Ghana’s first president, Kwame Nkrumah’s speech at the founding of the OAU has since become a classic, even iconic. In front of 31 other African heads of state who met in the Ethiopian capital, Addis Ababa, on 24 May 1963, Nkrumah appealed, cajoled, and did everything in perhaps his greatest speech ever to convince his colleagues to go the whole hog and create a strong continental union. Sadly, they decided otherwise. Below is an extract from that speech.
I am happy to be here in Addis Ababa on this most historic occasion. I bring with me the hopes and fraternal greetings of the government and people of Ghana. Our objective is African union now. There is no time to waste. We must unite now or perish. I am confident that by our concerted effort and determination, we shall lay here the foundations for a continental Union of African States.
A whole continent has imposed a mandate upon us to lay the foundation of our union at this conference. It is our responsibility to execute this mandate by creating here and now, the formula upon which the requisite superstructure may be created. On this continent, it has not taken us long to discover that the struggle against colonialism does not end with the attainment of national independence. Independence is only the prelude to a new and more involved struggle for the right to conduct our own economic and social affairs; to construct our society according to our aspirations, unhampered by crushing and humiliating neo-colonialist control and interference. From the start we have been threatened with frustration, where rapid change is imperative, and with instability, where sustained effort and ordered rule are indispensable. No sporadic act nor pious resolution can resolve our present problems. Nothing will be of avail, except the united act of a united Africa.
We have already reached the stage where we must unite or sink into that condition which has made Latin America the unwilling and distressed prey of imperialism after one-and-a-half centuries of political independence. As a continent, we have emerged into independence in a different age, with imperialism grown stronger, more ruthless and experienced, and more dangerous in its international associations. Our economic advancement demands the end of colonialist and neo-colonialist domination of Africa.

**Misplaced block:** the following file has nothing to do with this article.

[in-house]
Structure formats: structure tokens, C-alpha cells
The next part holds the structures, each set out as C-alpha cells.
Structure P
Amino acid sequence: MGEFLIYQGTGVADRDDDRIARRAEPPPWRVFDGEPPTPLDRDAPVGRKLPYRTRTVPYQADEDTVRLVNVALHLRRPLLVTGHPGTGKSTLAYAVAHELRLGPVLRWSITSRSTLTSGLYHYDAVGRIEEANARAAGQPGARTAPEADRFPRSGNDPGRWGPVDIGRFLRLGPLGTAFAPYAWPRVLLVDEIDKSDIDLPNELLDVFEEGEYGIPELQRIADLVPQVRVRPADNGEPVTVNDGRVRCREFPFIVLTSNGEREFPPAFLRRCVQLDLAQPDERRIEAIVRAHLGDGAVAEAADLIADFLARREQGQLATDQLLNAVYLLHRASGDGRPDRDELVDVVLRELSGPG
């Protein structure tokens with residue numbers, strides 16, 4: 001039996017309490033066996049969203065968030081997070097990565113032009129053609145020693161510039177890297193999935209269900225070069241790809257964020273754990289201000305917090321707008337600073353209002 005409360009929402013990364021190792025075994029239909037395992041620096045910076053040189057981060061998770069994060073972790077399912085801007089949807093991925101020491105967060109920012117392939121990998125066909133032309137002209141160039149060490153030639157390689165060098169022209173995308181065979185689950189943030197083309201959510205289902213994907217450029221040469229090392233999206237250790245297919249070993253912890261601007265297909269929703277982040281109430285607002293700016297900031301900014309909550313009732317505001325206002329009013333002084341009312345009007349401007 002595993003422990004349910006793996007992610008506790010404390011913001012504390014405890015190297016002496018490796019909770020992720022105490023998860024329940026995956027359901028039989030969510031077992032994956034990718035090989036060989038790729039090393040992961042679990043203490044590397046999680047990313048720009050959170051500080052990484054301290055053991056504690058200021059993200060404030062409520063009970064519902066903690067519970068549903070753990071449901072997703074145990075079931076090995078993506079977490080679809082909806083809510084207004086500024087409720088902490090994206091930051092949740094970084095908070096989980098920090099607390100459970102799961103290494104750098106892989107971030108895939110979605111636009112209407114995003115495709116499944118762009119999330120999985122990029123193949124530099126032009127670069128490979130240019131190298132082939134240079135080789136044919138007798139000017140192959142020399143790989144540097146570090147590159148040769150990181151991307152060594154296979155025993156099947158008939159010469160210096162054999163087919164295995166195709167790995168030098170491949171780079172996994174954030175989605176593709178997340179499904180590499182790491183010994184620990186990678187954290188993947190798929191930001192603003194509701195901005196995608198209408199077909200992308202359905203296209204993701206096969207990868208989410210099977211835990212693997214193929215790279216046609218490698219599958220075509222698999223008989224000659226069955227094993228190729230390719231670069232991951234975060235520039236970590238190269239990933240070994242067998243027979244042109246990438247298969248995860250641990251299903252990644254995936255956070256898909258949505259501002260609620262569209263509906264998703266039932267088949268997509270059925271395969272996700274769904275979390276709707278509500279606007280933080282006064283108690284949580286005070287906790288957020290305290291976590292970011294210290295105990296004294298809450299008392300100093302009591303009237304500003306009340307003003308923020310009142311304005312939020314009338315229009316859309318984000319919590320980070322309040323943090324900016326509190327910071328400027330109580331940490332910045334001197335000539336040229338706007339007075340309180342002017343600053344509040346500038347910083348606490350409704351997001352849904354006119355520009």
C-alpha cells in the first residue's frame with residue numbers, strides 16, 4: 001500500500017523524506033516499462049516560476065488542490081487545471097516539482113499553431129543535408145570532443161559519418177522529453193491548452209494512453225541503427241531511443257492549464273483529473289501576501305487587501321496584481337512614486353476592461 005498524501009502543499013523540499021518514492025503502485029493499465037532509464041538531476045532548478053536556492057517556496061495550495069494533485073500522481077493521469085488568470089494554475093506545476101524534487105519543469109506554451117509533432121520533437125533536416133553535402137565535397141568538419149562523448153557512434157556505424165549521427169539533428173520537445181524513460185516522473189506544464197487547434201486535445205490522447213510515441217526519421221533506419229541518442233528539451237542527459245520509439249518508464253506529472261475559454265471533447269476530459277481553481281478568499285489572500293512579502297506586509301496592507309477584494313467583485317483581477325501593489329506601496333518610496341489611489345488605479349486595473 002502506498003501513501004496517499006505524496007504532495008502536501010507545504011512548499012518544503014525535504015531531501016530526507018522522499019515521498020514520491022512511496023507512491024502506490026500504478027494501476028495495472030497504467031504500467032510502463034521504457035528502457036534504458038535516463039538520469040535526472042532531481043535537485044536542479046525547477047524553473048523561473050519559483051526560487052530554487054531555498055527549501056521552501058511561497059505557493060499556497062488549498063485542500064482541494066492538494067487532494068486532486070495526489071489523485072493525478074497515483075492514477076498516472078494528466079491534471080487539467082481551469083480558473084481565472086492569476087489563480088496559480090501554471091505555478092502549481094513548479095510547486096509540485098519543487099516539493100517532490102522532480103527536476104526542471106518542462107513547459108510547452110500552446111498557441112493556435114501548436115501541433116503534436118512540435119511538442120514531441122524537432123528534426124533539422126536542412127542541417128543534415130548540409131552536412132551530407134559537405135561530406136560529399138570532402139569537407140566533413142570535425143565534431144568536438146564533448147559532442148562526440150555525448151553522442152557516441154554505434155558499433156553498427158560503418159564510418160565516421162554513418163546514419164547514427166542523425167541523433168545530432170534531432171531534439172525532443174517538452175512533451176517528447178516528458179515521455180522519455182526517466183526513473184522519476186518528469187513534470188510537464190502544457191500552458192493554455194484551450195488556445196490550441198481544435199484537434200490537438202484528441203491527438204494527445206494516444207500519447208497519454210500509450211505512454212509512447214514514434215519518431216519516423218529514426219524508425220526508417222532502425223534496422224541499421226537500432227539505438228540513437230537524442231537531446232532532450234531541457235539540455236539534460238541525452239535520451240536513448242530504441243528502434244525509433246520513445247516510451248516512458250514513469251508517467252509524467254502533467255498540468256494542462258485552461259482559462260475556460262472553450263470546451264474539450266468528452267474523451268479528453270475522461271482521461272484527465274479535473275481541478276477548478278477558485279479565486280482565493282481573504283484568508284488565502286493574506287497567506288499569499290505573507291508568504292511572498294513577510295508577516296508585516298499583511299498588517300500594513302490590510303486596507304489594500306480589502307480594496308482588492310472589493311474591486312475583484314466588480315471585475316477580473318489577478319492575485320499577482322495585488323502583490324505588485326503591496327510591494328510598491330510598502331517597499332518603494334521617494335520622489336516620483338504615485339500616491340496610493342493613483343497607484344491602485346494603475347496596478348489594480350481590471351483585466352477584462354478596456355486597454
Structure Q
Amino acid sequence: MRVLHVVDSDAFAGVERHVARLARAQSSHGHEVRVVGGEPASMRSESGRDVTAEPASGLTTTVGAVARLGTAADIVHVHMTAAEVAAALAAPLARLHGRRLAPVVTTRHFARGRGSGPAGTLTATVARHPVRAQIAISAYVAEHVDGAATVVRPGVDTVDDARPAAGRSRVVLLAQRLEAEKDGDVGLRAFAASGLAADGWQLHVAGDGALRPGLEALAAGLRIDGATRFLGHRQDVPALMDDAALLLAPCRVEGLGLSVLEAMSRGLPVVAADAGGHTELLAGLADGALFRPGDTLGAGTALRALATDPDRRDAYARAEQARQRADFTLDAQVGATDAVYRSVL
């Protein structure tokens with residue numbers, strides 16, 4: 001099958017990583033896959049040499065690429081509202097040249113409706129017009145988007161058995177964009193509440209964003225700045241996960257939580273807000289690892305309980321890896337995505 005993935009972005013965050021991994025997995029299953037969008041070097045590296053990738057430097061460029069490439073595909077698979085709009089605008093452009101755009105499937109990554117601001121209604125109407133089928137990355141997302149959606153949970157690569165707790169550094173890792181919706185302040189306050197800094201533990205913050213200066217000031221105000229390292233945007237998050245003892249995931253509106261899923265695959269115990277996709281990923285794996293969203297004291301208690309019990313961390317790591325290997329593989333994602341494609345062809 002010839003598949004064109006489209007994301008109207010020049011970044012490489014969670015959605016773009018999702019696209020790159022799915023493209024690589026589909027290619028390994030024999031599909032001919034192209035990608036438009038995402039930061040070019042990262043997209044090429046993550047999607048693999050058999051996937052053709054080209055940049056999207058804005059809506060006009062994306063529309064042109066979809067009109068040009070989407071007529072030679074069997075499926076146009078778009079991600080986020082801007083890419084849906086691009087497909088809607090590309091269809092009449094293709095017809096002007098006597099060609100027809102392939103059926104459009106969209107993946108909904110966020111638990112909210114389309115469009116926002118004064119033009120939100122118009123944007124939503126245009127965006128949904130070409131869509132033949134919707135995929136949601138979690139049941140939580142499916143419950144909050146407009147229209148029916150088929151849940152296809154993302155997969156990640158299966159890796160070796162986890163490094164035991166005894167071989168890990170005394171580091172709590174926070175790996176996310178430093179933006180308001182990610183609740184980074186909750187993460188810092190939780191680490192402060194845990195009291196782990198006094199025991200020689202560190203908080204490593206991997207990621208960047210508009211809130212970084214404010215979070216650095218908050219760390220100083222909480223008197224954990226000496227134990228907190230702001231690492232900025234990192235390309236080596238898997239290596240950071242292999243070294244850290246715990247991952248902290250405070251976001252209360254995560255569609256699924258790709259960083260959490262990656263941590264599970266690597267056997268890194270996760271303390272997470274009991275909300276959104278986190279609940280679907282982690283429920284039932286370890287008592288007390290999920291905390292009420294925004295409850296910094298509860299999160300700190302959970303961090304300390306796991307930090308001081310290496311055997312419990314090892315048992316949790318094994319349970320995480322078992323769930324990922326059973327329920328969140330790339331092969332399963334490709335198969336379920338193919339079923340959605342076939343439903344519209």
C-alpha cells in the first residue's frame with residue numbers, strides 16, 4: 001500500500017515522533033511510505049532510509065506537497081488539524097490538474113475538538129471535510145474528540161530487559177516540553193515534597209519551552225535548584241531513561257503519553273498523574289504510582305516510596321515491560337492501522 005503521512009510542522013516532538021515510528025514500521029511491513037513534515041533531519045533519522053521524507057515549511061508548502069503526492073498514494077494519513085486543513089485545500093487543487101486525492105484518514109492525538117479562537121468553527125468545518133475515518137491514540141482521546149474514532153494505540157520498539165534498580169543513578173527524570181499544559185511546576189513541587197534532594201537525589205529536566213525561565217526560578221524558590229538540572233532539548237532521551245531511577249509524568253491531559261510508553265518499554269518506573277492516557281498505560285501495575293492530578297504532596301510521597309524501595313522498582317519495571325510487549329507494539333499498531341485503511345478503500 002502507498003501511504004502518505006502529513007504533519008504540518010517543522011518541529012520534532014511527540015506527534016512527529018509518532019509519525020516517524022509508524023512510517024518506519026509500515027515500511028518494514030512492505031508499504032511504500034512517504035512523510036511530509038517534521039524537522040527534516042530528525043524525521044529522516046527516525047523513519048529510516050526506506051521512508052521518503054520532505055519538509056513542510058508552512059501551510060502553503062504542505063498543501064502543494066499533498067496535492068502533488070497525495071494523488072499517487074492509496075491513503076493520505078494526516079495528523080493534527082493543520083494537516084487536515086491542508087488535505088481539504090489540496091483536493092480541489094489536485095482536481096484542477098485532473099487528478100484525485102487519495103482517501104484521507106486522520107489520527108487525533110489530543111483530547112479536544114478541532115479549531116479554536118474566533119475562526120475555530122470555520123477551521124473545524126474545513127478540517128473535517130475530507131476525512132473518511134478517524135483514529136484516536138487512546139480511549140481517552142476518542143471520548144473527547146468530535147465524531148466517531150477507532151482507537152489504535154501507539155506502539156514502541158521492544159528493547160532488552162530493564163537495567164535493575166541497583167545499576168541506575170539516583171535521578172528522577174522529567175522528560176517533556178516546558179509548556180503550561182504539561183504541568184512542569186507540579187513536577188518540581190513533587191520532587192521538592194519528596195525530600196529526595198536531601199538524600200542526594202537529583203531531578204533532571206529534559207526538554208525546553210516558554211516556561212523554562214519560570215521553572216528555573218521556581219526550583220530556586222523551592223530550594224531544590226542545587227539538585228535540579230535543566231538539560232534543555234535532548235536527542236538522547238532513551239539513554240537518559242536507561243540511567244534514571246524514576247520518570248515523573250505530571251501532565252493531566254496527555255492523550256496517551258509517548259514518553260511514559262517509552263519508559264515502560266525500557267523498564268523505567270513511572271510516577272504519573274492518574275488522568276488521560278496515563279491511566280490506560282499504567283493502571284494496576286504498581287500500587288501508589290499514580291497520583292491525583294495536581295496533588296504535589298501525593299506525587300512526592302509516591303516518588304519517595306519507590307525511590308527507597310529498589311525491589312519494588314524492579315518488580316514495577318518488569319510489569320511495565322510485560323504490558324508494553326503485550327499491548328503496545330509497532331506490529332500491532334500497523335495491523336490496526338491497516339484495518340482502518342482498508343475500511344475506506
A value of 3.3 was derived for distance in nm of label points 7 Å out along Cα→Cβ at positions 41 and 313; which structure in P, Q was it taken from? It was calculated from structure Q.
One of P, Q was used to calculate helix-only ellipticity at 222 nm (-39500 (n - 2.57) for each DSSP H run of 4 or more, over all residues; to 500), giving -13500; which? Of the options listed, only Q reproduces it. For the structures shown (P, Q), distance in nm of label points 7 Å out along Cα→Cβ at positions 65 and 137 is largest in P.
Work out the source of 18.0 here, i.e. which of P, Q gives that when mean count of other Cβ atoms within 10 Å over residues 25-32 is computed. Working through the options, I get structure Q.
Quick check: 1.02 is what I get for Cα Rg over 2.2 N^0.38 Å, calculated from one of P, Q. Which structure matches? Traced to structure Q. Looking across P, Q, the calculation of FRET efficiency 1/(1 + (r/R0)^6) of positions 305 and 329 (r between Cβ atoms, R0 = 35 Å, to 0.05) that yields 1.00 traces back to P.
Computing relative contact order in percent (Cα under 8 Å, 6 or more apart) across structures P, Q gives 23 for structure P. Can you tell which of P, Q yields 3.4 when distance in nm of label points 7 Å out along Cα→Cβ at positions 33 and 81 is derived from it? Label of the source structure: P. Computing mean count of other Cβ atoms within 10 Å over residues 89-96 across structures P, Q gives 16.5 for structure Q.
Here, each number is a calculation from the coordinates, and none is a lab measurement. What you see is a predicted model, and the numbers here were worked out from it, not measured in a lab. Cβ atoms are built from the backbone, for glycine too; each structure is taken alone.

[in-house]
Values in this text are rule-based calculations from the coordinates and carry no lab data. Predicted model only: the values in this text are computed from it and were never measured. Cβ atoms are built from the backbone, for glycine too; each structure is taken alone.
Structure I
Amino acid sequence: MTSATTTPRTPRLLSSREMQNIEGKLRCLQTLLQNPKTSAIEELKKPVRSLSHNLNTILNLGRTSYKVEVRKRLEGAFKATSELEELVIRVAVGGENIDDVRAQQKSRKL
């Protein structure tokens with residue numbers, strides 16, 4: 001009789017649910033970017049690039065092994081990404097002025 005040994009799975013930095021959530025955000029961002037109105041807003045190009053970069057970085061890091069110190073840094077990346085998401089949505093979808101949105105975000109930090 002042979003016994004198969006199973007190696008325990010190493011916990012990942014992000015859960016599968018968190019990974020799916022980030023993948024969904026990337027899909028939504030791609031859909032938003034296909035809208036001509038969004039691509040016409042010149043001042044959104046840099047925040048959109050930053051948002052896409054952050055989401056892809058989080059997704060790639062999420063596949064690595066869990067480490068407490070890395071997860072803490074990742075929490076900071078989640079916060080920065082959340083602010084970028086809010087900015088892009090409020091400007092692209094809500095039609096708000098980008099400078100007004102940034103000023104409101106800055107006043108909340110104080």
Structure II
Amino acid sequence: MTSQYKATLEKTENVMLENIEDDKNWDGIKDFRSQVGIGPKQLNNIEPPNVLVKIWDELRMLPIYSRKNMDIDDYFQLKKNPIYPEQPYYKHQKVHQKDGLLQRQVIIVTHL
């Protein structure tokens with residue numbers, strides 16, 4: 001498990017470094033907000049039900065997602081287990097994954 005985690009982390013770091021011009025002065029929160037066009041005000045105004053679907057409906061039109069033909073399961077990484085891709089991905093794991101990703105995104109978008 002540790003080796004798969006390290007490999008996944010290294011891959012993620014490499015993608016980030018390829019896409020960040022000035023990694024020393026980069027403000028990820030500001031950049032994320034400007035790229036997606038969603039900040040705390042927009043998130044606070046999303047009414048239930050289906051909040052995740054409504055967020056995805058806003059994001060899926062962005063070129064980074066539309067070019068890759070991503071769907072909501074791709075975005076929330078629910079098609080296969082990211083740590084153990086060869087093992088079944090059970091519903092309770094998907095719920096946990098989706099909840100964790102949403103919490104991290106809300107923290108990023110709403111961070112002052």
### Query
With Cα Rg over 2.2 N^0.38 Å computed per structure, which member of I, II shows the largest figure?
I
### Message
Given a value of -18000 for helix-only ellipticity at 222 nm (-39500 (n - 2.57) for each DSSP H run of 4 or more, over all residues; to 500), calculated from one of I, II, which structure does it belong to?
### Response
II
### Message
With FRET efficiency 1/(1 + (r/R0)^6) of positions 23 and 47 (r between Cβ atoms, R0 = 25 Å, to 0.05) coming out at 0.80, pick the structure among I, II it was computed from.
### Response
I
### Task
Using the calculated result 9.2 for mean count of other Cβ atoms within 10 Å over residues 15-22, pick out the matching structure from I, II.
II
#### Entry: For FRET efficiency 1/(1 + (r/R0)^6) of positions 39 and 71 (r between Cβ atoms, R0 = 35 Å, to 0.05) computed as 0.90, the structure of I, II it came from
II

But just as we understood that the shaping of our national destinies required of each of us our political independence and bent all our strength to this attainment, so we must recognise that our economic independence resides in our African union and requires the same concentration upon the political achievement. The unity of our continent, no less than our separate independence, will be delayed, if indeed we do not lose it, by hobnobbing with colonialism. African unity is, above all, a political kingdom which can only be gained by political means. The social and economic development of Africa will come only within the political kingdom, not the other way round. Is it not unity alone that can weld us into an effective force, capable of creating our own progress and making our valuable contribution to world peace? Which independent African state, which of you here, will claim that its financial structure and banking institutions are fully harnessed to its national development?
Which will claim that its material resources and human energies are available for its own national aspirations? Which will disclaim a substantial measure of disappointment and disillusionment in its agricultural and urban development?